Seven Things to Consider Before Selecting a Private Cloud Vendor

Spoken | August 9, 2016

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Is an Avaya private cloud right for you?

The cloud is probably the most cost-saving innovation in call center infrastructure since the invention of the IVR. Many vendors will offer private cloud options, especially to owners of Avaya infrastructure who want to stay in the Avaya system. With a dizzying array of options ranging from homegrown public clouds to Avaya public clouds to Avaya private clouds to hybrid offerings, it can be difficult to know which cloud configuration will deliver the most benefits to your organization.

Benefits of a private cloud

A private cloud, also known as the “internal” or “corporate” cloud, differs from a public cloud in that the physical servers reside within the company’s environment or colocation. Unlike a public cloud, which may house tenants from multiple companies, access to a private cloud is restricted exclusively to the company employees or business partners. There are five key attributes the private cloud offers:

 

  1. Offering resources (infrastructure & applications) as a service
  2. Flexibility and scale that meet client demands
  3. Resource sharing among large number of users
  4. Measurement and payment according to use of the service
  5. Use of Internet protocols and technologies to access cloud resources

Drawbacks of a private cloud

Wherever there are benefits, there are drawbacks. Depending on the vendor selected, a private cloud solution can carry with it some of the drawbacks of a premise-based solution, including a lack of redundancy and a lack of security. While these can be implemented, the cost might increase in order to accommodate the additional servers required for full redundancy or to become PCI level one compliant. Additionally, some of the anticipated cloud cost benefits can be lost, since a large capital expenditure is still required.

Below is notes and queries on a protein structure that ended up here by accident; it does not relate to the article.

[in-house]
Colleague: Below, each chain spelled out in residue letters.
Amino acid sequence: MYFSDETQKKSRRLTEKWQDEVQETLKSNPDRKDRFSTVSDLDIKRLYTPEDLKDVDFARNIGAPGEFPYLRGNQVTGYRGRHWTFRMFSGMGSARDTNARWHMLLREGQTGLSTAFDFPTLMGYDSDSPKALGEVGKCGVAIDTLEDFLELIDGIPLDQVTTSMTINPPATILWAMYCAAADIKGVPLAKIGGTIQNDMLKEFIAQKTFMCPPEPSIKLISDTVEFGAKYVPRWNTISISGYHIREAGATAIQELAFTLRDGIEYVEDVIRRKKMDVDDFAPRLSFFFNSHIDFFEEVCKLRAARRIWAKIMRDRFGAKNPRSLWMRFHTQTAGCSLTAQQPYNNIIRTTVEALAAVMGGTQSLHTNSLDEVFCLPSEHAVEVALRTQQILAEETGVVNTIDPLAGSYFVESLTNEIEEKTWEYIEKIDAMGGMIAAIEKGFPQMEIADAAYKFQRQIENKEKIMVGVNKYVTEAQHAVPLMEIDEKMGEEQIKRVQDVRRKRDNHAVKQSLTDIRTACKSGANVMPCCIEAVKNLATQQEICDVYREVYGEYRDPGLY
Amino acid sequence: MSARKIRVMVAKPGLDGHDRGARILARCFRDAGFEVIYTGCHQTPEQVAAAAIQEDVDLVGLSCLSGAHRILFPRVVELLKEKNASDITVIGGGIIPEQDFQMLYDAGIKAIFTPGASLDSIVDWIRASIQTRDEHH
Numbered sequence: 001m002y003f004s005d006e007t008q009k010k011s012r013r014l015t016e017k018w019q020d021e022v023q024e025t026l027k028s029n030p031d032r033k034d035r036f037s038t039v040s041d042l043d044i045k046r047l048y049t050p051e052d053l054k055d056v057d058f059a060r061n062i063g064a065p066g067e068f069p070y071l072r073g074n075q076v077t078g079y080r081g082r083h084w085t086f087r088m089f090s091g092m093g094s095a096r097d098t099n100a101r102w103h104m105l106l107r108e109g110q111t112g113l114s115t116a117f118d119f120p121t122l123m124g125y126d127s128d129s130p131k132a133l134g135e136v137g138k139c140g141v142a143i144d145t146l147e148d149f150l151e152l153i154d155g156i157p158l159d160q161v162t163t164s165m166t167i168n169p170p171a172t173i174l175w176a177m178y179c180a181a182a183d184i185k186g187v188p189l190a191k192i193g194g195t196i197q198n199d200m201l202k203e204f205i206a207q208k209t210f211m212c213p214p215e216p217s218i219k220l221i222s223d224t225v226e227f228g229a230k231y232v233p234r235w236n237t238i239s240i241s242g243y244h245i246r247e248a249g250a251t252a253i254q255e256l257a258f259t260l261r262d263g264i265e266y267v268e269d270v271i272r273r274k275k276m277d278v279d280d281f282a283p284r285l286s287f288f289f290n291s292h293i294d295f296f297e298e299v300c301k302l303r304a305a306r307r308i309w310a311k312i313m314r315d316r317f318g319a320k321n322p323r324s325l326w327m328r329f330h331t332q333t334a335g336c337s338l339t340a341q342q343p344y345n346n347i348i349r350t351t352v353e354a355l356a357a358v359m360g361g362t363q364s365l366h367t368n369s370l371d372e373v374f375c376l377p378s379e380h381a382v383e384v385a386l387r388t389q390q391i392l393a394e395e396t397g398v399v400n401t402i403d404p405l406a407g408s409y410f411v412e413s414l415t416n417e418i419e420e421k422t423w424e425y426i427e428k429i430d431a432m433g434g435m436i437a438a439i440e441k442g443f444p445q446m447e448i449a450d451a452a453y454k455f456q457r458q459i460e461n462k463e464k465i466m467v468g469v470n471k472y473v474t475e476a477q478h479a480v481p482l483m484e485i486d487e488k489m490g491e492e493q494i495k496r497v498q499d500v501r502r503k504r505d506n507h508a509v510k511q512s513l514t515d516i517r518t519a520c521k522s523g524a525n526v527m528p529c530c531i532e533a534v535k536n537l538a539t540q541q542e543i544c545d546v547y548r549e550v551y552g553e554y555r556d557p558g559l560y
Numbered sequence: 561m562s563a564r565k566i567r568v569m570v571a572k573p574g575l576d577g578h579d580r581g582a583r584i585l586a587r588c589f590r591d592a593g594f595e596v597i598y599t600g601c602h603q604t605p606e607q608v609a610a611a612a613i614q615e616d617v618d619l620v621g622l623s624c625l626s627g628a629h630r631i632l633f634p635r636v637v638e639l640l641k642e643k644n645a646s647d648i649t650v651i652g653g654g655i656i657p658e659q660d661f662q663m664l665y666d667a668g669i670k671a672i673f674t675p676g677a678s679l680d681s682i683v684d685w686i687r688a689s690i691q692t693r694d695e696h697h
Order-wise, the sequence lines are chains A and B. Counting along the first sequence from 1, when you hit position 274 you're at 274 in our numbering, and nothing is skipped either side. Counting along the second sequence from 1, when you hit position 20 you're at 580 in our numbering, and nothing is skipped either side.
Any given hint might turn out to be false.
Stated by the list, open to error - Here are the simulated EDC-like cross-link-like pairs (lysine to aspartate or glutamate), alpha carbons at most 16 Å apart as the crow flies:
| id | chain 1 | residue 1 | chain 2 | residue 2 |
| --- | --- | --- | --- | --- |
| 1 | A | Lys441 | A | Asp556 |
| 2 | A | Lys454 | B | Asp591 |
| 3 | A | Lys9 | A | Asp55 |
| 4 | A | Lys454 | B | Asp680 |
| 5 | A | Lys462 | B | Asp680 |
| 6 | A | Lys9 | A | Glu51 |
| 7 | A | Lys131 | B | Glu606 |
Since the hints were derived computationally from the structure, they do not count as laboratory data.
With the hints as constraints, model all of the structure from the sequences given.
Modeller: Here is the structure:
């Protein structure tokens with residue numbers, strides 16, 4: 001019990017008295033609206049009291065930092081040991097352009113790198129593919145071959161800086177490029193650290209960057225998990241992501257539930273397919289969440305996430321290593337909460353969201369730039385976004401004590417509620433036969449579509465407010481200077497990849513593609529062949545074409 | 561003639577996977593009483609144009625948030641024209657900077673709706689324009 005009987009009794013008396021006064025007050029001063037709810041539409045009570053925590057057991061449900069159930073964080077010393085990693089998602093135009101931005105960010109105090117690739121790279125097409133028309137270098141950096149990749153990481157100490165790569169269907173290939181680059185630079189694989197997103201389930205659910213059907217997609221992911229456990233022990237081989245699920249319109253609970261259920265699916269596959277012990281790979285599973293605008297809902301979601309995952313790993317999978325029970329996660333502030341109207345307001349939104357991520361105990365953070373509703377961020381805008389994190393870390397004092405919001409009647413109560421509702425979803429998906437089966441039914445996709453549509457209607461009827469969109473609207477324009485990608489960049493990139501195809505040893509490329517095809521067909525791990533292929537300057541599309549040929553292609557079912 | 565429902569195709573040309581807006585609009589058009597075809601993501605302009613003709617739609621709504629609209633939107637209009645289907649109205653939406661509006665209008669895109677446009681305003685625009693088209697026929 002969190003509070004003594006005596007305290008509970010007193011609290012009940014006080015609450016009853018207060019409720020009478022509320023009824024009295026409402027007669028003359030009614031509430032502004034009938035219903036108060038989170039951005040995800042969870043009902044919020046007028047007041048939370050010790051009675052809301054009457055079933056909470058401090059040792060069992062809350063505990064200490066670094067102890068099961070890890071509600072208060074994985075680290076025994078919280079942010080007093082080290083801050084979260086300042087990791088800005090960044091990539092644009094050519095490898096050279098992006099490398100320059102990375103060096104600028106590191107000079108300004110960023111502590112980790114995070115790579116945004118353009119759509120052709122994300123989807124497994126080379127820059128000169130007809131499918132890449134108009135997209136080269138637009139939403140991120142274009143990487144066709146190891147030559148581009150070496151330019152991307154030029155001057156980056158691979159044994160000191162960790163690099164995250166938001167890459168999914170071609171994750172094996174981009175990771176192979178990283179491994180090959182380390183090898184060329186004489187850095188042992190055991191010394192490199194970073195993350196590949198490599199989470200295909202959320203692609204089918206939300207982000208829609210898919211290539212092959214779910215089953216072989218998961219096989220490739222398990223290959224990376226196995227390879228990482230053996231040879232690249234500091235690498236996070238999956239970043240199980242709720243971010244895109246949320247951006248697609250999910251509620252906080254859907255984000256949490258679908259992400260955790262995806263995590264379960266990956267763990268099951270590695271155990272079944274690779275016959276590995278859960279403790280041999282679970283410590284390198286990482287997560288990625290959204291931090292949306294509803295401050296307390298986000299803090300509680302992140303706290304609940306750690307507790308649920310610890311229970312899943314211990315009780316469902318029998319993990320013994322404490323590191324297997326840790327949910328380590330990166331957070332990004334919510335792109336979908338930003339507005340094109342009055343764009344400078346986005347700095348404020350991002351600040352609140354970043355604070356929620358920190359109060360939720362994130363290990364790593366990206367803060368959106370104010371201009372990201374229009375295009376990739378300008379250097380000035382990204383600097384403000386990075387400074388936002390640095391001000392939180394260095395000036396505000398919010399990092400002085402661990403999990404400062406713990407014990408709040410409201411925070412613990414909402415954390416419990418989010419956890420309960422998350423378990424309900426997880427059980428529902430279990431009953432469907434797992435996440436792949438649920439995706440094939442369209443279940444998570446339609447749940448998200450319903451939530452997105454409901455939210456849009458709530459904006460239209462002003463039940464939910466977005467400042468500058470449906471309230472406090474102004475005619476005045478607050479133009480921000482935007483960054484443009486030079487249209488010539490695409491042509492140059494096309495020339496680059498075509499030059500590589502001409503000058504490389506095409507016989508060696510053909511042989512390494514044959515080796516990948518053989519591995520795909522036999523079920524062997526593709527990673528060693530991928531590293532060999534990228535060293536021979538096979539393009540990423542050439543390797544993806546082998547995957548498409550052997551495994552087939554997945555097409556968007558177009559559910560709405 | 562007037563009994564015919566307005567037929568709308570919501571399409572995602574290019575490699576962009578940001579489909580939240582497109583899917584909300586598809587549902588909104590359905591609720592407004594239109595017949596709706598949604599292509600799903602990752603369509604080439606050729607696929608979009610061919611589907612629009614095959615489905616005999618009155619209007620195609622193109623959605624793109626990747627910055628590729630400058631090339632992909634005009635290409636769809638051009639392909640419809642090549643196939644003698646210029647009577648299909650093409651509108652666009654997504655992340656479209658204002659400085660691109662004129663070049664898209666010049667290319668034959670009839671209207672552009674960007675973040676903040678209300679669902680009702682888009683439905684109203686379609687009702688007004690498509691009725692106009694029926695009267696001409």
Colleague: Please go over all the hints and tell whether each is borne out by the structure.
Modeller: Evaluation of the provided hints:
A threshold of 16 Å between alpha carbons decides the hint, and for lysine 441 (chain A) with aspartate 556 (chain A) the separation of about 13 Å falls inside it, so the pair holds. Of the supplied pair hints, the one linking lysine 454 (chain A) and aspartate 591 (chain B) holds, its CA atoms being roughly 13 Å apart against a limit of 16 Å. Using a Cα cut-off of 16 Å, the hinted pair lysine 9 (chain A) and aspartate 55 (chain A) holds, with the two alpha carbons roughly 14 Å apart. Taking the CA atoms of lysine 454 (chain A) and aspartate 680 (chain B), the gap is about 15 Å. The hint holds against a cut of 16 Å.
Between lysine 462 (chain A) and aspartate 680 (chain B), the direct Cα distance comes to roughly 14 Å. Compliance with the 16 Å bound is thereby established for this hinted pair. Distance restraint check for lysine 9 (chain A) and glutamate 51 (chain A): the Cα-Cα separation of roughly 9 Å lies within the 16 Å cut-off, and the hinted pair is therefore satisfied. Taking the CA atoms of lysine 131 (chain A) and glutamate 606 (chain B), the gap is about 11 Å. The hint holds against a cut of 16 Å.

How to select a private cloud vendor

When selecting a vendor to provide a private cloud solution, consider the following:

  1. Do you have a name brand system of preference, such as Avaya or Cisco?
  2. Is the vendor partnered with those brands?
  3. If the cloud is homegrown, what references can the vendor provide?
  4. If reliability is a concern, is geographic redundancy included in the private cloud offering?
  5. If security is a concern, will the data centers be certified PCI Level One compliant?
  6. How does the vendor guarantee a smooth cloud transition?
  7. What Service Level Agreements (SLA’s) does the vendor provide in terms of maintenance and upgrades?Can the vendor integrate with any existing systems (CRM, IVR, etc.) seamlessly, or will those need to be replaced?

What about a hybrid cloud?

As you can see, a private cloud can offer great advantages for those who are more comfortable with servers being hosted on site as opposed to publicly. And just to throw a wrench in the debate, there is yet another option: a hybrid cloud.

As with hybrid gas/electric cars, a hybrid cloud can offer the best of both worlds. Companies can keep the systems at highest risk of hacking, such as CRM systems hosting private customer data, on site, while leveraging a cloud-based ACD, call recording and reporting capabilities.

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